Carbon Canyon Nature Trail to the Redwood Grove in Carbon Canyon Regional Park
Everyone knows that Northern California is the place to go to see groves of giant redwoods, but few people know that you can get a taste of the redwoods in Southern California. Carbon Canyon Regional Park in Brea has a 10-acre grove of coastal redwoods, the largest grove of these trees in Southern California. Even through the could-be giants are relatively young and not really suited for the climate in Orange County, the 2.5-mile round trip hike to the redwood grove is a small treat for SoCal residents who can’t make it to the north end of the state.
From a parking area at the east end of Carbon Canyon Regional Park, walk southeast for less than a tenth of a mile to the trailhead kiosk for Carbon Canyon Nature Trail. Set out on the dirt single track, which crosses the seasonal (and often dry) Carbon Canyon Creek, beginning a level and leisurely course to the redwood grove.
Carbon Canyon Nature Trail is lined by California walnut trees that (unlike the redwoods) are native to this region and thrive in the riparian area along the creek. The trail progresses south along the creek passing signs describing the birds that frequent Carbon Canyon Regional Park and nest in the walnut trees, like California quail, California towhees, black phoebes, western bluebirds, and America robins.
The trail passes a bench just before a junction that is 3/4 of a mile from the start. A trail to the right crosses Carbon Canyon Creek toward an alternate trailhead on the west side of the park (more on that later). For now, stay straight on Carbon Canyon Nature Trail, following the reassuring signs that point toward the redwood grove.
After another 0.2 miles, stay to the left through a junction with a dirt service road that breaks off to the right toward the Carbon Canyon Dam. This route can be used to create a short loop on the return from the redwood grove. Continuing to the left via the main trail, it is another 0.15 miles to the edge of the redwood grove.
As you near the grove, the Carbon Canyon Dam comes into view. The U.S. Army Corps of Engineers built the dam in 1961, and afterward the land below the flood-control dam was leased to Orange County, allowing for the creation of Carbon Canyon Regional Park in 1975, the same year that the redwood grove was planted.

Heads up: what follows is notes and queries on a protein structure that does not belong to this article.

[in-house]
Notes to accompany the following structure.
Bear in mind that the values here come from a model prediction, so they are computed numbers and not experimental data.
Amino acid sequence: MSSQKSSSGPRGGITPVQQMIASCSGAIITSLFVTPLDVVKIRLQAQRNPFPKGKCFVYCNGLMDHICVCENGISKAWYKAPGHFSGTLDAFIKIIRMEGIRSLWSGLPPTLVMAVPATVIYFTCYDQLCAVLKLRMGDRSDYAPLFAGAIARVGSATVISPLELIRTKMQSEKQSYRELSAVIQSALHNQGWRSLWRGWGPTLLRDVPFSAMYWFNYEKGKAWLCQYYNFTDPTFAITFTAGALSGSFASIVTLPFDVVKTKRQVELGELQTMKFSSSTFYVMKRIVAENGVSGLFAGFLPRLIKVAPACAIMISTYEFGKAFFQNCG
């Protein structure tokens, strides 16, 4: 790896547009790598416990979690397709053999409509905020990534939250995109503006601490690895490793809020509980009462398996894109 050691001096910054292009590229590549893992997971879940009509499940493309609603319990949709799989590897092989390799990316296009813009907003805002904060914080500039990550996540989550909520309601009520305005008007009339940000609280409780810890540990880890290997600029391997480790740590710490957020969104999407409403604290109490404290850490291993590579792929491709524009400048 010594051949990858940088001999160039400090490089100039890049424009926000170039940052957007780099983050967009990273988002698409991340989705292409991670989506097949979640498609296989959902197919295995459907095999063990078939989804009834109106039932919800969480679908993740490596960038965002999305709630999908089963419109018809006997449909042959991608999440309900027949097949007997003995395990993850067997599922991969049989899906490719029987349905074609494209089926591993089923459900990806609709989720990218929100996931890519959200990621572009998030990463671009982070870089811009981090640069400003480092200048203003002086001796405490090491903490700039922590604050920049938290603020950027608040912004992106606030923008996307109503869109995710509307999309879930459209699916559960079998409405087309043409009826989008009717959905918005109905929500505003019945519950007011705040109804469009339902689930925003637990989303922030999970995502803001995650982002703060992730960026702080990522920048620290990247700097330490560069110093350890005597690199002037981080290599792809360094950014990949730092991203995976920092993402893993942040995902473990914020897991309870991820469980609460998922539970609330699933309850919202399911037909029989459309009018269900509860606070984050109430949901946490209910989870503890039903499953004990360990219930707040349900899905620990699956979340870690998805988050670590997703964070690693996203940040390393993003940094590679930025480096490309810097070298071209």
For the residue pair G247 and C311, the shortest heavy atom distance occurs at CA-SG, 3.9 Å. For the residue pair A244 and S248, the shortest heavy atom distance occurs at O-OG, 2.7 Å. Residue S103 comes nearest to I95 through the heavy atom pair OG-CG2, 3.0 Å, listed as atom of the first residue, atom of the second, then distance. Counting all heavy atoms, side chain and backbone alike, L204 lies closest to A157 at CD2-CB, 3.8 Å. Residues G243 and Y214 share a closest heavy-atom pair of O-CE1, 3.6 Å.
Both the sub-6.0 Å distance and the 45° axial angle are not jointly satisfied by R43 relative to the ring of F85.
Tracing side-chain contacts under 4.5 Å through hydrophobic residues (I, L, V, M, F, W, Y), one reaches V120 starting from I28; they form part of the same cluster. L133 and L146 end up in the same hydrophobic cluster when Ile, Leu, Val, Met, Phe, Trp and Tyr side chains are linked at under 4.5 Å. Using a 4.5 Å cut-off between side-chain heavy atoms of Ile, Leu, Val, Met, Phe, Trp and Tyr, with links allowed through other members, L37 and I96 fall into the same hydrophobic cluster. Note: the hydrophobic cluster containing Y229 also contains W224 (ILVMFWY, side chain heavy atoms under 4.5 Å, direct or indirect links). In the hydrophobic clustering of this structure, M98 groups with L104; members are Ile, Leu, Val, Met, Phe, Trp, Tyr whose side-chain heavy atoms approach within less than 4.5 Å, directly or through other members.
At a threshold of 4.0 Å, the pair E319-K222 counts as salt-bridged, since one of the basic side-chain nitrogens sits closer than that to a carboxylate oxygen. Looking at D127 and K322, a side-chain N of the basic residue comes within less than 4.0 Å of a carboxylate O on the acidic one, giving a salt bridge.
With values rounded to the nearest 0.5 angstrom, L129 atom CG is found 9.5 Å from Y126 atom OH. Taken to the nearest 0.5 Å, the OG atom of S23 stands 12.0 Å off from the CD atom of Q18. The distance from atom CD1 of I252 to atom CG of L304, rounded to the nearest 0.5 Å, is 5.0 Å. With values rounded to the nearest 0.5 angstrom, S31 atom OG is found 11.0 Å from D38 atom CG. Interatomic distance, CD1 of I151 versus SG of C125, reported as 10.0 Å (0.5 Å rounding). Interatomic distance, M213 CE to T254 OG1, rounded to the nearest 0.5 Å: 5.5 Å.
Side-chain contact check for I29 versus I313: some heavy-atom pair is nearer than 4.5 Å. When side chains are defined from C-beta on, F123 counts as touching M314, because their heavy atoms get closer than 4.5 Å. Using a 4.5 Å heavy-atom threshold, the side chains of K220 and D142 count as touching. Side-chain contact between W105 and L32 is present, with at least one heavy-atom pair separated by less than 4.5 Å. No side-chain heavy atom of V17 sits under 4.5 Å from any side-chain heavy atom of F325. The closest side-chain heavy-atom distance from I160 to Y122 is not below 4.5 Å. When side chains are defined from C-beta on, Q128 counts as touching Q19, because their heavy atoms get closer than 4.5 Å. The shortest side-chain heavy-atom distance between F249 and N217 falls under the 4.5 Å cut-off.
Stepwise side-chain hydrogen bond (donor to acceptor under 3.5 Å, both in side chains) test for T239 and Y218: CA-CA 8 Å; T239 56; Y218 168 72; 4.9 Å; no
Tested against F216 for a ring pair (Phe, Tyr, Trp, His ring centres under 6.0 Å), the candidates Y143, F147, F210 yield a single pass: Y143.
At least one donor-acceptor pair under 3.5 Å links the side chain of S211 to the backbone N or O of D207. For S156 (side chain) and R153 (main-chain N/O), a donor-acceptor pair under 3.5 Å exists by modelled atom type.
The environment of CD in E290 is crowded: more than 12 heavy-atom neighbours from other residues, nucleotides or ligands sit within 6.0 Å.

About 1.1 miles from the start, the trail arrives at the seemingly small redwood grove, which is actually Southern California’s largest grove of coastal redwoods. Though coastal redwoods can live to be over 2,000 years old, the planted 10-acre grove in Carbon Canyon Regional Park is only a few decades old. Additionally, Orange County does not offer an ideal climate for the world’s tallest trees to grow as enormous as they can in Northern California.
While coastal redwoods can grow to be over 300 feet tall with a diameter of over twenty feet, these redwoods are less than a hundred feet tall and look rail-thin compared to their impressive cousins to the north. Unless you want to drive up to Monterey County (the south end of the coastal redwoods natural habitat), these smaller redwoods will have to do.
The trail circles the redwood grove past several benches that can be used to take a break beneath the tranquil trees. Over 200 Sequoia Sempervirens (coastal redwoods) are standing in this grove that survive thanks to frequent watering designed to mimic the cool, wet conditions that they enjoy in their natural environment. Instead of a lush forest floor of ferns, sorrel, and abundant fallen needles, like you would find in a natural redwood grove, the ground is covered in mulch, making it easy for you to walk off trails and around all of the trees.
After circling the grove, you may return the way you came or loop back through the park. To make a small loop past the dam, circle around the grove, following a road of concrete (which turns to dirt once you leave the grove, heading west toward Carbon Canyon Dam. The dirt road dips south and passes close to the tall gravel bank of the dam before returning to the main trail after less than half a mile.
Another shorter route to the grove can be used as a variation of this hike or to create a loop. The main trailhead is found at the east end of Carbon Canyon Regional Park, but the west side of the park has another trailhead that is actually closer to the grove. From this second trailhead near the fishing pond, a dirt trail heads south across Carbon Canyon Creek and connects to Canyon Nature Trail at the junction half a mile from the end of the trail at the back of the grove. This route can be used to for a shorter 1 1/3-mile out and back hike, or to create a 2.25-mile loop incorporating a paved walking trail through the park that connects the two trailheads.